The FBI has access to nearly 412 million photos in its facial recognition system—perhaps including the one on your driver’s license. But according to a new government watchdog report, the bureau doesn’t know how error-prone the system is, or whether it enhances or hinders investigations.
Since 2011, the bureau has quietly been using this system to compare new images, such as those taken from surveillance cameras, against a large set of photos to look for a match. That set of existing images is not limited to the FBI’s own database, which includes some 30 million photos. The bureau also has access to face recognition systems used by law enforcement agencies in 16 different states, and it can tap into databases from the Department of State and the Department of Defense. And it is in negotiations with 18 other states to be able to search their databases, too.
The size of the total pool of photos the bureau can access, which was not clear until the new report from the Government Accountability Office, is shocking even to those who have been paying close attention to the FBI’s growing use of biometric data, says Jennifer Lynch, senior staff attorney at the Electronic Frontier Foundation. And the degree to which the FBI has access to photos in state-owned face image databases, which contain mostly driver’s license images, has Lynch and other privacy advocates concerned.
Deploying face recognition is the “logical next step” in the FBI’s use of biometrics, says Anil Jain, a professor of computer science and engineering and head of the biometrics research group at Michigan State University. The bureau already had an automatic fingerprint matching system, and adding face images to that data will lead to more reliable identification, he says. Surveillance cameras are everywhere, and facial recognition technology has improved to a point where “it makes sense to collect this additional data,” says Jain, who works closely with the Michigan state police.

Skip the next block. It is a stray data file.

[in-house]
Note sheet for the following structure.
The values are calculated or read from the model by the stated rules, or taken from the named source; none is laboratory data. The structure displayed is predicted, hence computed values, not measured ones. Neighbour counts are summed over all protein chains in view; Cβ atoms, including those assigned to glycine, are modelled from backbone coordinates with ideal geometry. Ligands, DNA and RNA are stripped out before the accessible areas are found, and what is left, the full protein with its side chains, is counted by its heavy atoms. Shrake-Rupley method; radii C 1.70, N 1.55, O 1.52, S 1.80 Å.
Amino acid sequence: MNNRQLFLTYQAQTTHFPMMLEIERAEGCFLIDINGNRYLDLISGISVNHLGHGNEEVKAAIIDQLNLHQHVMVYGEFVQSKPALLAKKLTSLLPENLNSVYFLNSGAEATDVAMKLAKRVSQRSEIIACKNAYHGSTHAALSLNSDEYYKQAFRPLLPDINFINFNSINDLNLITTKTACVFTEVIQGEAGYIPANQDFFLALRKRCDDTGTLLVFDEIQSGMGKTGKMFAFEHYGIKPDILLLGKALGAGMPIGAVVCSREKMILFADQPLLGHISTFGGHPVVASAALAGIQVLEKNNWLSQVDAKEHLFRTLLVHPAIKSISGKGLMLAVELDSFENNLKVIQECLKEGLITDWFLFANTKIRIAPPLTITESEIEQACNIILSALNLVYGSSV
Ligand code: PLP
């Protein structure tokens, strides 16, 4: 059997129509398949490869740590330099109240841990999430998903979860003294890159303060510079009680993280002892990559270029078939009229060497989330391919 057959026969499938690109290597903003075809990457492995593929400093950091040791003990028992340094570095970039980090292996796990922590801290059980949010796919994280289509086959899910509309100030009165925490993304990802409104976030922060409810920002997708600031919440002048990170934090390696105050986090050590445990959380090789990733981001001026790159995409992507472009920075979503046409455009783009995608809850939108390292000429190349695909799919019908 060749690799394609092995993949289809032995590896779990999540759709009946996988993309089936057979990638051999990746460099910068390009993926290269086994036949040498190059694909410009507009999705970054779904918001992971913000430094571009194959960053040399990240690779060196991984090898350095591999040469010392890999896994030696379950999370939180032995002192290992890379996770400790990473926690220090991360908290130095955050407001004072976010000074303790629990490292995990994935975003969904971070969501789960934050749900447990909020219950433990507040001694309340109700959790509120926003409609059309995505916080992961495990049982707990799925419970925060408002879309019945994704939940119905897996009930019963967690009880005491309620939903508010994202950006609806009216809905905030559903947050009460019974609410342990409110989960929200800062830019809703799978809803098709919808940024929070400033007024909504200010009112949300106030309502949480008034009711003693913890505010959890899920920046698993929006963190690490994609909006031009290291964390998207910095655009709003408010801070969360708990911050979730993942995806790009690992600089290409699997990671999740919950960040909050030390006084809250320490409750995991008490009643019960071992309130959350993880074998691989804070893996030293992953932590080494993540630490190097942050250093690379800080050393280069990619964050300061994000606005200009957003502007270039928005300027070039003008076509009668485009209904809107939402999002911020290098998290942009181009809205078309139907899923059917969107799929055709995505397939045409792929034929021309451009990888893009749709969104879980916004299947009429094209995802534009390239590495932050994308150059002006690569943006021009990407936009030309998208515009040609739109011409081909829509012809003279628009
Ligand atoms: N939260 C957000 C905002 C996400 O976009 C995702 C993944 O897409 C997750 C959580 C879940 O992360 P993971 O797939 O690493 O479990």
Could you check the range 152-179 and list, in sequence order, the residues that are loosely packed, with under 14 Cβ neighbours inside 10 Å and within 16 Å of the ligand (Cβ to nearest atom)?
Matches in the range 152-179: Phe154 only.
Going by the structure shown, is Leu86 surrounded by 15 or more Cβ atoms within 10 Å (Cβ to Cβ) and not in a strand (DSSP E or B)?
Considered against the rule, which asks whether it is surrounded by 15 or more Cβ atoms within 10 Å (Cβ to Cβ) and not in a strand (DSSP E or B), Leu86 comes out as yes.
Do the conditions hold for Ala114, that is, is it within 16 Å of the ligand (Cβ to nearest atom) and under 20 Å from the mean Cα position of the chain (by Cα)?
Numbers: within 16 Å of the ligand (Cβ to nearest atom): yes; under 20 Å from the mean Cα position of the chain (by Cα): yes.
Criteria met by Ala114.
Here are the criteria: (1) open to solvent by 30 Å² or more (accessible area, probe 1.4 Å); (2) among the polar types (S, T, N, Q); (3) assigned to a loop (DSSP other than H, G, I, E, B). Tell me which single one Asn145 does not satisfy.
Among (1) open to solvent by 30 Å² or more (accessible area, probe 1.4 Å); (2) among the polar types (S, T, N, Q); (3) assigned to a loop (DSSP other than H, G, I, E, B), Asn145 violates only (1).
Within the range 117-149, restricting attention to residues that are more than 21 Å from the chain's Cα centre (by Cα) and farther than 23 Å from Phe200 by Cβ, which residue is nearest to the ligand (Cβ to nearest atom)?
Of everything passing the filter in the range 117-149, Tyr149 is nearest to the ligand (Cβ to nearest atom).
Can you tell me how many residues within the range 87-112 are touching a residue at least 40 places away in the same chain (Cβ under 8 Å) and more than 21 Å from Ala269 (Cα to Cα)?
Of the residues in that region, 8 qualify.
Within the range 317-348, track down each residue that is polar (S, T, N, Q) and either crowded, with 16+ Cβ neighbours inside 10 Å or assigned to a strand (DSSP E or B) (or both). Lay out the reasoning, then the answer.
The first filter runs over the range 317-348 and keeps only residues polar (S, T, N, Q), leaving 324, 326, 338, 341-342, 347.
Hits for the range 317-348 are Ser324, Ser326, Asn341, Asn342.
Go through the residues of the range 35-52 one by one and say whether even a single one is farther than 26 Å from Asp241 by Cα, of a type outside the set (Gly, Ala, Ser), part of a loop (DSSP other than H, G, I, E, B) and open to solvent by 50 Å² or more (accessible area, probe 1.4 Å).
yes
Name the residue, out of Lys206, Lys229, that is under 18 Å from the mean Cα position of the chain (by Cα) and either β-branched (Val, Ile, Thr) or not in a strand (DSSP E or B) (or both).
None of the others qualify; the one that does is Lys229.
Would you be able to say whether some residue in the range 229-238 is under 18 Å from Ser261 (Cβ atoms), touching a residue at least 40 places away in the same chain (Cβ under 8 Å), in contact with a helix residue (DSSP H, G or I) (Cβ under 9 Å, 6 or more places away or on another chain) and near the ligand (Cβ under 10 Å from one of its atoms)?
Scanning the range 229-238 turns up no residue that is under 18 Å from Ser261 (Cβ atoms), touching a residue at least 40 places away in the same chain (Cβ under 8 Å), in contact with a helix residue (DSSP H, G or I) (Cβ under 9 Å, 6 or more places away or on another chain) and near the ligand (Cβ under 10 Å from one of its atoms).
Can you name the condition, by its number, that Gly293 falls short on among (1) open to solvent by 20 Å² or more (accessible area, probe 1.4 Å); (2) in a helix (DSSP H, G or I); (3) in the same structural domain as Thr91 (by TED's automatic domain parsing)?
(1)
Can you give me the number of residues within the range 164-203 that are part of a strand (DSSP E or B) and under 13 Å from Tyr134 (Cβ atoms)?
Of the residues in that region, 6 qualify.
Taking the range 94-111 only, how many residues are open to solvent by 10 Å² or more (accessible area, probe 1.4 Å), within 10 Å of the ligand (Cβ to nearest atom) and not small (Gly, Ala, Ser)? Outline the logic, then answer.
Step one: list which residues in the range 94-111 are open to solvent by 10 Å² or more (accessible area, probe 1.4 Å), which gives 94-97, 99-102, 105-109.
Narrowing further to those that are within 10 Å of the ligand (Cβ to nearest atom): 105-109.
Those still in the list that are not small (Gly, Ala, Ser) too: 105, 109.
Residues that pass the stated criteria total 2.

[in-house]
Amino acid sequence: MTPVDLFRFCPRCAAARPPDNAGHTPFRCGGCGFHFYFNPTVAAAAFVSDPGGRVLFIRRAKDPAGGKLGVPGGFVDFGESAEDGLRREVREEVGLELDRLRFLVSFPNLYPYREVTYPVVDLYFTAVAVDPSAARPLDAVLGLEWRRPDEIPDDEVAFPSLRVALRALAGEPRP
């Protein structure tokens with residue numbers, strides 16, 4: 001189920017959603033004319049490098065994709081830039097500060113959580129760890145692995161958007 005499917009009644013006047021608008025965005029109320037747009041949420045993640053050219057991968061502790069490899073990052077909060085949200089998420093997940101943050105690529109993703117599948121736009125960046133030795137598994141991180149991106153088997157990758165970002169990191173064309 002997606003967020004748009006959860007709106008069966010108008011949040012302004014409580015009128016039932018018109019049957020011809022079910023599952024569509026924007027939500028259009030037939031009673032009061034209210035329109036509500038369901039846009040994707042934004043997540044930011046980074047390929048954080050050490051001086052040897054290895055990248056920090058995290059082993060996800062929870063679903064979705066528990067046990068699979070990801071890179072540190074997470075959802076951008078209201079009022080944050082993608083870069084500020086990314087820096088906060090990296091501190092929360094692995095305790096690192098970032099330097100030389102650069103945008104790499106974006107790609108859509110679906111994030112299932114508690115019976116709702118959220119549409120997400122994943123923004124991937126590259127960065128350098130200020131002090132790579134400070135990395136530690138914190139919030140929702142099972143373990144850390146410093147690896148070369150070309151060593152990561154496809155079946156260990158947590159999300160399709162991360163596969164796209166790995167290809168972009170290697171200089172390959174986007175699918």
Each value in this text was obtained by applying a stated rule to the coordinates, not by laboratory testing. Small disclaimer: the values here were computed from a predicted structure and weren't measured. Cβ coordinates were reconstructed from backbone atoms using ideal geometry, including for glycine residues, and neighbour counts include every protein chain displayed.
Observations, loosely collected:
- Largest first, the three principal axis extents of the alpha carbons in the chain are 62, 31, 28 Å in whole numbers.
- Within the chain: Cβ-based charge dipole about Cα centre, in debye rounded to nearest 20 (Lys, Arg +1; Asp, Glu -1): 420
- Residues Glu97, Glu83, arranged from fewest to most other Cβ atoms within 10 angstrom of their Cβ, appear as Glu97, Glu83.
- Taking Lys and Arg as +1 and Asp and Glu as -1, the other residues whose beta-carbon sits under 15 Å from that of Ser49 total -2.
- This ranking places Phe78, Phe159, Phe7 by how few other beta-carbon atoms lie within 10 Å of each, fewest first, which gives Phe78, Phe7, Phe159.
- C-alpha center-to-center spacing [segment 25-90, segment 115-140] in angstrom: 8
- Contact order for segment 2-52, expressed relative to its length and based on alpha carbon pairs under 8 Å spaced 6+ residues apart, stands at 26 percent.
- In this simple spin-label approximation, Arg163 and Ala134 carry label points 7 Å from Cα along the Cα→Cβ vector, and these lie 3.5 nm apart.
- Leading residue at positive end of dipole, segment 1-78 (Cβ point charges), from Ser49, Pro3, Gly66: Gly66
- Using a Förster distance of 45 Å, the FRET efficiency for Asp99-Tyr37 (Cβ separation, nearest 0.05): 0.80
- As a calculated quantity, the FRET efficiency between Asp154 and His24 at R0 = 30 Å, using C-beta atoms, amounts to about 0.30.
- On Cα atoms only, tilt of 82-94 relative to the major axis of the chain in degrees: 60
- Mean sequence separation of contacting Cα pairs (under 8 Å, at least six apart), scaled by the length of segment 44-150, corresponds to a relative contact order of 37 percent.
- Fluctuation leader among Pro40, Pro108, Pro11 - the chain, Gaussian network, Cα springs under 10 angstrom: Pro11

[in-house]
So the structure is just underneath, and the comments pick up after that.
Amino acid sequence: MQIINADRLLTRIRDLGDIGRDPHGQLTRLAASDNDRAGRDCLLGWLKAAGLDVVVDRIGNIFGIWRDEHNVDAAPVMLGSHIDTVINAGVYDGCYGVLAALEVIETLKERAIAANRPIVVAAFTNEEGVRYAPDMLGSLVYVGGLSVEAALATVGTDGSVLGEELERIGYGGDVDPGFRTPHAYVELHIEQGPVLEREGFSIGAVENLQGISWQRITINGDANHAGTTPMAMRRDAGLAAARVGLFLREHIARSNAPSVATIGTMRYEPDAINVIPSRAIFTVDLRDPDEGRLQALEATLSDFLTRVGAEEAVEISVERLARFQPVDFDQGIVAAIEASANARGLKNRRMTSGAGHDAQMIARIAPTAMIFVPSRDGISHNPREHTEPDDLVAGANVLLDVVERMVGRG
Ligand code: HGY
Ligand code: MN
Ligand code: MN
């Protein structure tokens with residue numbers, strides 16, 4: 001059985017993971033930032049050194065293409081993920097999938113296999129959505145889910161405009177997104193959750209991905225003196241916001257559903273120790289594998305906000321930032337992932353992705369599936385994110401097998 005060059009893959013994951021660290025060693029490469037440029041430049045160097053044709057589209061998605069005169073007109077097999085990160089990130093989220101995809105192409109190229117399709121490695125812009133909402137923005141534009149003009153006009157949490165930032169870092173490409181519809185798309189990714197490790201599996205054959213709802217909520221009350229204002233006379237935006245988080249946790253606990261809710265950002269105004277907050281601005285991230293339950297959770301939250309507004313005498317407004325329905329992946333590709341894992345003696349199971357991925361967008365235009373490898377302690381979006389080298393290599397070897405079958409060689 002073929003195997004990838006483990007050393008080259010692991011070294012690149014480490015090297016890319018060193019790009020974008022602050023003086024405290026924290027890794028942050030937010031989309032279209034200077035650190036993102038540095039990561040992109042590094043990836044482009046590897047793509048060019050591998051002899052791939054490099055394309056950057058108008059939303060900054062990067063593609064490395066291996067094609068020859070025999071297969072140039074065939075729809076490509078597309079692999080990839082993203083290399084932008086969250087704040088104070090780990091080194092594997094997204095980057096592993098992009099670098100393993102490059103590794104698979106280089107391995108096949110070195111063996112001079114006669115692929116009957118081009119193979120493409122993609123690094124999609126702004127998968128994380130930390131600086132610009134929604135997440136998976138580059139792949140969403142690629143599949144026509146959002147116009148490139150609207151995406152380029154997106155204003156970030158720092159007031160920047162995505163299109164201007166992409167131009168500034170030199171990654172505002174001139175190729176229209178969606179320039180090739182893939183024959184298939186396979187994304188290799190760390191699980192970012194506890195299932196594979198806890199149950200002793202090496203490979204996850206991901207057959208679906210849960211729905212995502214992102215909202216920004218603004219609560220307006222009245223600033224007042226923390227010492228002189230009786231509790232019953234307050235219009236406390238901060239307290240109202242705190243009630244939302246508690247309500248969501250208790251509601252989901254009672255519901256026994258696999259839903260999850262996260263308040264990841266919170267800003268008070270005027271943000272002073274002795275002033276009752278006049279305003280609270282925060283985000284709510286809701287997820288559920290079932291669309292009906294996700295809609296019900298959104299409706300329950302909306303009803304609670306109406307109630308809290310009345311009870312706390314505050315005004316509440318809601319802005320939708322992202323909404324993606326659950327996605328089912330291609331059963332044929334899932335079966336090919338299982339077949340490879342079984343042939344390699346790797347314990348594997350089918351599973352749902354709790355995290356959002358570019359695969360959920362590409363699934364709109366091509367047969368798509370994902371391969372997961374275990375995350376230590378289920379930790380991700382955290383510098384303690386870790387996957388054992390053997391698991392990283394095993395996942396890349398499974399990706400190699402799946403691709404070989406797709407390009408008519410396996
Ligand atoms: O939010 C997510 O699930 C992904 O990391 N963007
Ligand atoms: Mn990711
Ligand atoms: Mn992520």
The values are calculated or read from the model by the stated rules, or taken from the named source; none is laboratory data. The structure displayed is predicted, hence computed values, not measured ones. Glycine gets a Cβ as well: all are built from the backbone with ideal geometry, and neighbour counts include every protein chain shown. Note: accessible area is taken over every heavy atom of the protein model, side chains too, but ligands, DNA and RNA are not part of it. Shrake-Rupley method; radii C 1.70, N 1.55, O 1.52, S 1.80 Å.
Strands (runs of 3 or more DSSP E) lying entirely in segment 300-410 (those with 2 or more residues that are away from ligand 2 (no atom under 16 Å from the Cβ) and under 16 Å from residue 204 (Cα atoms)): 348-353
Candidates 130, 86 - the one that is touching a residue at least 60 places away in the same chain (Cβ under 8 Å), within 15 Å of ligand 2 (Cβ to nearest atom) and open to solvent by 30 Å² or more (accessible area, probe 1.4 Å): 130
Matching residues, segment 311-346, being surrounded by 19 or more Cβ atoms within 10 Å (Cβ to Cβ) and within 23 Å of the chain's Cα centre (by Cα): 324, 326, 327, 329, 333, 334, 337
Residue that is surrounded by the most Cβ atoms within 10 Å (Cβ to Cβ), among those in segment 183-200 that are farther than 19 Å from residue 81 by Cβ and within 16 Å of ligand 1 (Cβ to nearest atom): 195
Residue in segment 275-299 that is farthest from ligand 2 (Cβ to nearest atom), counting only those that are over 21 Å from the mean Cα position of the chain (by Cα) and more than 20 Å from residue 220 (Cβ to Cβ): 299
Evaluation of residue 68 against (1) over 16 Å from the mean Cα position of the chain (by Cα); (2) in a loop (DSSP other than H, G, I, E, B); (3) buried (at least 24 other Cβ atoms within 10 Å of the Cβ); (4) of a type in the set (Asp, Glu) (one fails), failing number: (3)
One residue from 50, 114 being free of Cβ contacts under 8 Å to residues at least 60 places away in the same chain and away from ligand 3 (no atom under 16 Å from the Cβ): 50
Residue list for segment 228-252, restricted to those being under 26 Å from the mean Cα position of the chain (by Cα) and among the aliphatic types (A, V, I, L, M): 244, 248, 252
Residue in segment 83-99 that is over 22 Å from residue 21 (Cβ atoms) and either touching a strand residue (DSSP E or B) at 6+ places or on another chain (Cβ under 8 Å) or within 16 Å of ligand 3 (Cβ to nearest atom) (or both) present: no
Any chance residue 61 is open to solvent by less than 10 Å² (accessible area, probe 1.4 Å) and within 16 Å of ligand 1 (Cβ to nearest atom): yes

Jain points out that the FBI’s fingerprint database also contains images taken for noncriminal purposes, like employee background checks. But photos of faces are different because they can be captured covertly, argues Alvaro Bedoya, executive director of the Center on Privacy and Technology at Georgetown Law. “I know what I touch, and I certainly know if I give fingerprints for a background check,” he says. “I don’t think there’s anyone who keeps track of every surveillance or smartphone camera.”
Adding to the privacy concerns is another finding in the GAO report: that the FBI has not properly determined how often its system makes errors and has not “taken steps to determine whether face recognition systems used by external partners, such as states and federal agencies, are sufficiently accurate” to support investigations. By taking those steps, the bureau “could better ensure the data received from external partners is sufficiently accurate and do not unnecessarily include photos of innocent people as investigative leads,” the report concludes.
According to the GAO, the FBI said it does not have the authority to audit the external systems. There is no evidence that the FBI’s face recognition system has ever mistakenly implicated someone in a crime.
State-of-the-art face recognition systems are generally very accurate, says Jain. But poor image quality—in either the images being tested or those in the database—can significantly hinder accuracy. If a lot of time has gone by since an image in the database was taken, that could also make errors more likely. And the larger the number of images in the database, the greater the chance of such errors—either incorrect matches or failure to match photos of people already in the database. This is why it’s so important that human biometrics experts make the final determination as to whether a match is correct, he says.
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